Catacombs of Kom el Shoqafa, Alexandria
Our first stop in Alexandria is thankfully not an outside venue as, believe or not, it is raining in Egypt. The Catacombs of Kom el Shoqafa were not discovered until 1900 when a donkey allegedly fell through a hole in an area of forgotten rubble and landed smack dab in the middle of some of the most famous underground tombs in ancient Egypt. Dating from some 500 years after the city was founded in 332 B.C. by Alexander, the tombs combine ancient Egyptian with Greek and Roman motifs that makes them quite different than anything else you’ll see in Egypt.
You start by walking on a circular staircase that winds its way around this central well like structure.
Then enter the tombs via this entrance guarded by two cobras with a Medusa shield above their heads. This is an example of the mix of historical styles found in these catacombs.
We’ve got a lot more places to see in Alexandria so we’ll move on from the catacombs and back to the surface where it’s still raining.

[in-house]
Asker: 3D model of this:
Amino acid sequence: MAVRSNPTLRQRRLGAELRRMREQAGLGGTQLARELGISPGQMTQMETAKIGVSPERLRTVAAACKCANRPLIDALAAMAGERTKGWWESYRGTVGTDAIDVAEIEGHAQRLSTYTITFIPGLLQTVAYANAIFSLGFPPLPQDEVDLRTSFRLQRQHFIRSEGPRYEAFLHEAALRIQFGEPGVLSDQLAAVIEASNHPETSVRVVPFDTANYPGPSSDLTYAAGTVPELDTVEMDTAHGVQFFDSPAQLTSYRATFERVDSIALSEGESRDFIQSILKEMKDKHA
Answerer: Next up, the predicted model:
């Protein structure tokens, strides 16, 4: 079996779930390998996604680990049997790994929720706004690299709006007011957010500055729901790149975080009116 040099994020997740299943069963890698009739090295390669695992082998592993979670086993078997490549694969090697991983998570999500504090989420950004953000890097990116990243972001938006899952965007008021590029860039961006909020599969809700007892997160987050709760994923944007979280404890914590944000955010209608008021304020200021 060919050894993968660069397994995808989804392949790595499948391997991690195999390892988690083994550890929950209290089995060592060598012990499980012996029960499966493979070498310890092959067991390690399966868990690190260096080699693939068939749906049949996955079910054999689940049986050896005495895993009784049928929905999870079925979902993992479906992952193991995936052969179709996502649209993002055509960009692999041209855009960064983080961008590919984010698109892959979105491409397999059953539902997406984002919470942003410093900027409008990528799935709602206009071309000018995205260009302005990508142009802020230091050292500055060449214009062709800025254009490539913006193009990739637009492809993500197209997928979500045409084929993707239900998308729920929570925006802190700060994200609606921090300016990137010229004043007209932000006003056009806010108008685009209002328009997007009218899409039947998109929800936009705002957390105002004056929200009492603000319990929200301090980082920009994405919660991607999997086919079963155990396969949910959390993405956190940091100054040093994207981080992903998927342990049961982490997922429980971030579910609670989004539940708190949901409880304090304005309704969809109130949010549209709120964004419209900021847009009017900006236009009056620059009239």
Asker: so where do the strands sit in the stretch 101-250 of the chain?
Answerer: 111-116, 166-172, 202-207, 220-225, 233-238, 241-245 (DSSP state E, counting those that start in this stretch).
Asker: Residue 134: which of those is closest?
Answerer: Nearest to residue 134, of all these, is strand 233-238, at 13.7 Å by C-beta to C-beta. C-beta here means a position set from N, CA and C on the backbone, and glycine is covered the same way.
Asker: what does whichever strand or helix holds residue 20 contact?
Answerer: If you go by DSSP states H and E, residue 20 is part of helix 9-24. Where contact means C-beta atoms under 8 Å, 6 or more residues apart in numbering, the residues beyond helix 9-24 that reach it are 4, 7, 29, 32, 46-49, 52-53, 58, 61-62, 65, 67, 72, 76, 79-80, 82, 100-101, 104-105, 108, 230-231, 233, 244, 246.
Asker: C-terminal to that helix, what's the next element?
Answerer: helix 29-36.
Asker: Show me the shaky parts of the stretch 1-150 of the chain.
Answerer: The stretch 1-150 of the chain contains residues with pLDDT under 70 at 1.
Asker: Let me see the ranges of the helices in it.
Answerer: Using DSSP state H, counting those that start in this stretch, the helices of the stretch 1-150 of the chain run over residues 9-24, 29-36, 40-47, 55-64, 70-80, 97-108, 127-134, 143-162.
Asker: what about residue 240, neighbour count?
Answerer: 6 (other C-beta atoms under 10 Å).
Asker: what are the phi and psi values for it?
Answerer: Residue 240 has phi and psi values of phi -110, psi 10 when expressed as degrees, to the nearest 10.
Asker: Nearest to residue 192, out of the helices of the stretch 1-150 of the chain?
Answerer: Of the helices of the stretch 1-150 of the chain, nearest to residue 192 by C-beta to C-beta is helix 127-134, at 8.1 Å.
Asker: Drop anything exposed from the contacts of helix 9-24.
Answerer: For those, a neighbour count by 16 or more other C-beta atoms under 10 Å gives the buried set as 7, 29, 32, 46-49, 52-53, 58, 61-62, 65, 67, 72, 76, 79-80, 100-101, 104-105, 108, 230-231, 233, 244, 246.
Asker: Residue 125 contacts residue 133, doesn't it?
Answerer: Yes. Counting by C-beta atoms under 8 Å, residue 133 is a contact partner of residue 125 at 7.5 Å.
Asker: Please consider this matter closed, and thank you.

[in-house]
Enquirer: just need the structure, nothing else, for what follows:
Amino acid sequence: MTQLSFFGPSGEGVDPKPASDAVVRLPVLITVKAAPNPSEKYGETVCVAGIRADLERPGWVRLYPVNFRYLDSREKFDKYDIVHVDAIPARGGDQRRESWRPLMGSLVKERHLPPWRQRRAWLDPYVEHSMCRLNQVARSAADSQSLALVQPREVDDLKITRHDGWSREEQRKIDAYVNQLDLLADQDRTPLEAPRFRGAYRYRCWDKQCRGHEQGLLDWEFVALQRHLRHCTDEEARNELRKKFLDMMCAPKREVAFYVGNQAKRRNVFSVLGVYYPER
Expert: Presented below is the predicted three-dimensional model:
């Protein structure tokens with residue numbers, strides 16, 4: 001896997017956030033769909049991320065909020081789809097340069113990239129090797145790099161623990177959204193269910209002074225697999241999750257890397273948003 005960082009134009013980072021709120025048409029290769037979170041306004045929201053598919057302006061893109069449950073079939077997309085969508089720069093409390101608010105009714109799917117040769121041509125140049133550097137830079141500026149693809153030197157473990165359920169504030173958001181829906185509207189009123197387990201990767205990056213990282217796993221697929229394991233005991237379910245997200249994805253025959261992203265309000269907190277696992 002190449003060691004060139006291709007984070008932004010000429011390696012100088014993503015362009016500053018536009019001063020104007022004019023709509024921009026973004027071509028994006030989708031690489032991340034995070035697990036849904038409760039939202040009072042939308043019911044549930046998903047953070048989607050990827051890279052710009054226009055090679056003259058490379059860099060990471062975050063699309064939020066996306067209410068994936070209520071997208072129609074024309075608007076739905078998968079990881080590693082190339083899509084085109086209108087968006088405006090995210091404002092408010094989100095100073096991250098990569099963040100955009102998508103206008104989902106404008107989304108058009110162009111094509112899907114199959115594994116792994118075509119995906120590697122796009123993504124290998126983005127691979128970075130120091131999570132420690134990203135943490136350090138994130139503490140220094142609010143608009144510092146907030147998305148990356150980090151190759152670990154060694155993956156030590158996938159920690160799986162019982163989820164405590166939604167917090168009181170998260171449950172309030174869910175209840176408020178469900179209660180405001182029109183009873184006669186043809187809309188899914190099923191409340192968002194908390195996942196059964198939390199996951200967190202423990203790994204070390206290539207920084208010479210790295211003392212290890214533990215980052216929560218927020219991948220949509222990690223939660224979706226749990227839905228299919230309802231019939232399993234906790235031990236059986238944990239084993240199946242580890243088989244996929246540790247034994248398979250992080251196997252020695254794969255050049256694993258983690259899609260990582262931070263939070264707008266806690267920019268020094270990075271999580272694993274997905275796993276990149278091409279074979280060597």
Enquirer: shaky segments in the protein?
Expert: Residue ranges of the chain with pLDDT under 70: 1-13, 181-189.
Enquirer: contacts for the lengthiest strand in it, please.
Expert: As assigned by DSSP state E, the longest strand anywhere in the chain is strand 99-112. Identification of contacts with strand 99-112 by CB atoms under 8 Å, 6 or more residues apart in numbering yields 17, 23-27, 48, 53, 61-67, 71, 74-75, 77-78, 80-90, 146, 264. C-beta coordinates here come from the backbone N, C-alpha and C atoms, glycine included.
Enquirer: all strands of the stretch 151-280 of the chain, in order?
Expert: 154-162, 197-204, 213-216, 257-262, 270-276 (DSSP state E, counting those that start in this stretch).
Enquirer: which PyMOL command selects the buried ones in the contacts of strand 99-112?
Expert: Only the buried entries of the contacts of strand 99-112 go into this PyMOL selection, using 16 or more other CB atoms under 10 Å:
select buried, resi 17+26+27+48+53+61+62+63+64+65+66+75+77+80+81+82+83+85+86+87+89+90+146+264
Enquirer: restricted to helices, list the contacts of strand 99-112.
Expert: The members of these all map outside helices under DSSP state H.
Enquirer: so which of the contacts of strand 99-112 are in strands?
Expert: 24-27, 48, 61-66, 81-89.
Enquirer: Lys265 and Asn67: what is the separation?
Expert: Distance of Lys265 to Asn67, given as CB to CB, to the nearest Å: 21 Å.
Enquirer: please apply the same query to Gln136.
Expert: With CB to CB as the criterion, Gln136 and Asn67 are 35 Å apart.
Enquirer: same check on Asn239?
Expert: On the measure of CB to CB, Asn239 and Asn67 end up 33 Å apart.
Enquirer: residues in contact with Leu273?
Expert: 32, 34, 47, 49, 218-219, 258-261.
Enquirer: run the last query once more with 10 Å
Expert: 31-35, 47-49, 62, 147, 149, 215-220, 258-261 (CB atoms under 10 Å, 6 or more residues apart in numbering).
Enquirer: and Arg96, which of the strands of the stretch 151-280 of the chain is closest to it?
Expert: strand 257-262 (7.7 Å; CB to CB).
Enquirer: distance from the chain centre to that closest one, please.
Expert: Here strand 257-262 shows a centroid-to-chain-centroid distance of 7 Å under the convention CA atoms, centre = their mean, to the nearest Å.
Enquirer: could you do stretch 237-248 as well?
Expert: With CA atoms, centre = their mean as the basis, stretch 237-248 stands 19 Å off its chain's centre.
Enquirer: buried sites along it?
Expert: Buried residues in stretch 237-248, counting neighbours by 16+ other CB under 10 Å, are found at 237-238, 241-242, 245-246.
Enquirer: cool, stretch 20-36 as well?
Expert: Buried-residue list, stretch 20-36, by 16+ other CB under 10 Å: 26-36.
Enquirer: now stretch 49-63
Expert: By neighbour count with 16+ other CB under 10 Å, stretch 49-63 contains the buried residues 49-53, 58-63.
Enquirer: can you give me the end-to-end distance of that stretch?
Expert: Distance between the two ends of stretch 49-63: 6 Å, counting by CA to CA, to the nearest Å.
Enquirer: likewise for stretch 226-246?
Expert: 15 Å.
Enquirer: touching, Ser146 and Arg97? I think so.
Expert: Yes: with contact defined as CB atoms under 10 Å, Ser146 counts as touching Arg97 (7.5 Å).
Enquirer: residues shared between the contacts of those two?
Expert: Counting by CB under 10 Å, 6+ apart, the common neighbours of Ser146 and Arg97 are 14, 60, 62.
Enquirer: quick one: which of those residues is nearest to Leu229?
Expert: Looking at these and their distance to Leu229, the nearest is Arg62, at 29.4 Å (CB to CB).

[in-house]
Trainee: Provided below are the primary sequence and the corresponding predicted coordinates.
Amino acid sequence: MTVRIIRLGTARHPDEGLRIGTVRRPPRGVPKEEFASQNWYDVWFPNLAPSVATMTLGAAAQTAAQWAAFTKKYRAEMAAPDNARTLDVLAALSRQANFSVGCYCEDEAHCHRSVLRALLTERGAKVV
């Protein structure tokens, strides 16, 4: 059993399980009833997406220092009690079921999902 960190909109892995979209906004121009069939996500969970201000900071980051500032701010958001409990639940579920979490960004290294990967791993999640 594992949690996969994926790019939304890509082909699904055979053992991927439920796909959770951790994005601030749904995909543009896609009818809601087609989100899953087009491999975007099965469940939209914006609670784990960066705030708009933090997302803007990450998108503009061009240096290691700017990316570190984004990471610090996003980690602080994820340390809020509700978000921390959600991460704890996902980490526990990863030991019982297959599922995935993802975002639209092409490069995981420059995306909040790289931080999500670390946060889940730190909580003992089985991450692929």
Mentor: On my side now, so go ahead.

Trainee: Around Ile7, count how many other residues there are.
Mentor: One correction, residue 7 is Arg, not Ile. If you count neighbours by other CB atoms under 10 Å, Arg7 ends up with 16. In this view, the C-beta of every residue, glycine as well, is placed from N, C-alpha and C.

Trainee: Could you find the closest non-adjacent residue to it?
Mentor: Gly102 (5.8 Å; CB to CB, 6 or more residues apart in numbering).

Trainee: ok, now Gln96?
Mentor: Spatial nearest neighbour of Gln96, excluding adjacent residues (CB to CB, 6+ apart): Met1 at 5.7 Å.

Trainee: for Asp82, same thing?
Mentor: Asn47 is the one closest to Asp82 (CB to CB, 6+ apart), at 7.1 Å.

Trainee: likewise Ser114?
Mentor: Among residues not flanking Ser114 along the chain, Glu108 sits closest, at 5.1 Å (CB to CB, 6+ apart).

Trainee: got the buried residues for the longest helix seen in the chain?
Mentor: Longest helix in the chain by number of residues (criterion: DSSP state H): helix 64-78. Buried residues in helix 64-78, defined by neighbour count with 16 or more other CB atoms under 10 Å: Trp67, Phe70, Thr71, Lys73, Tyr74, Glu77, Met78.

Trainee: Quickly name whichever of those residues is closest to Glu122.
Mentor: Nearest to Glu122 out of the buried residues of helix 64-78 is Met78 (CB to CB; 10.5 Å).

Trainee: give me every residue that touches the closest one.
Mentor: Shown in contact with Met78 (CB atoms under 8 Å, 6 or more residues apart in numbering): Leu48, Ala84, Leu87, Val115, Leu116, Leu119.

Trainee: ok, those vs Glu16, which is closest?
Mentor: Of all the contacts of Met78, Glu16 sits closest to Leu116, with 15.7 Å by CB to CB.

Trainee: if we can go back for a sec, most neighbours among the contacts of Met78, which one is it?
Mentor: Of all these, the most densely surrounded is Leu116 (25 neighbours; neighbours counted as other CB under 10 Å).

Pompey’s Pillar and the Serapeum
Pompey, or Pompey the Great, was one of the original Roman triumvirate that also included Julius Caesar and Crassus. He was undoubtedly one of the greatest Roman generals of all time and an able statesman, but after Crassus was killed in Parthia and his wife Julia, Caesar’s daughter, died in childbirth, things fell apart and the first of the civil wars that ultimately led to the destruction of the Roman republic, began. Pompey came out on the losing side and fled to Egypt where he believed he would receive sanctuary from the boy King Ptomely, who instead agreed on his advisors suggested course of action. Pompey was assassinated and beheaded as he came ashore at Alexandria in 48 B.C. Caesar was aghast at this turn of events as Pompey was revered by many powerful Romans.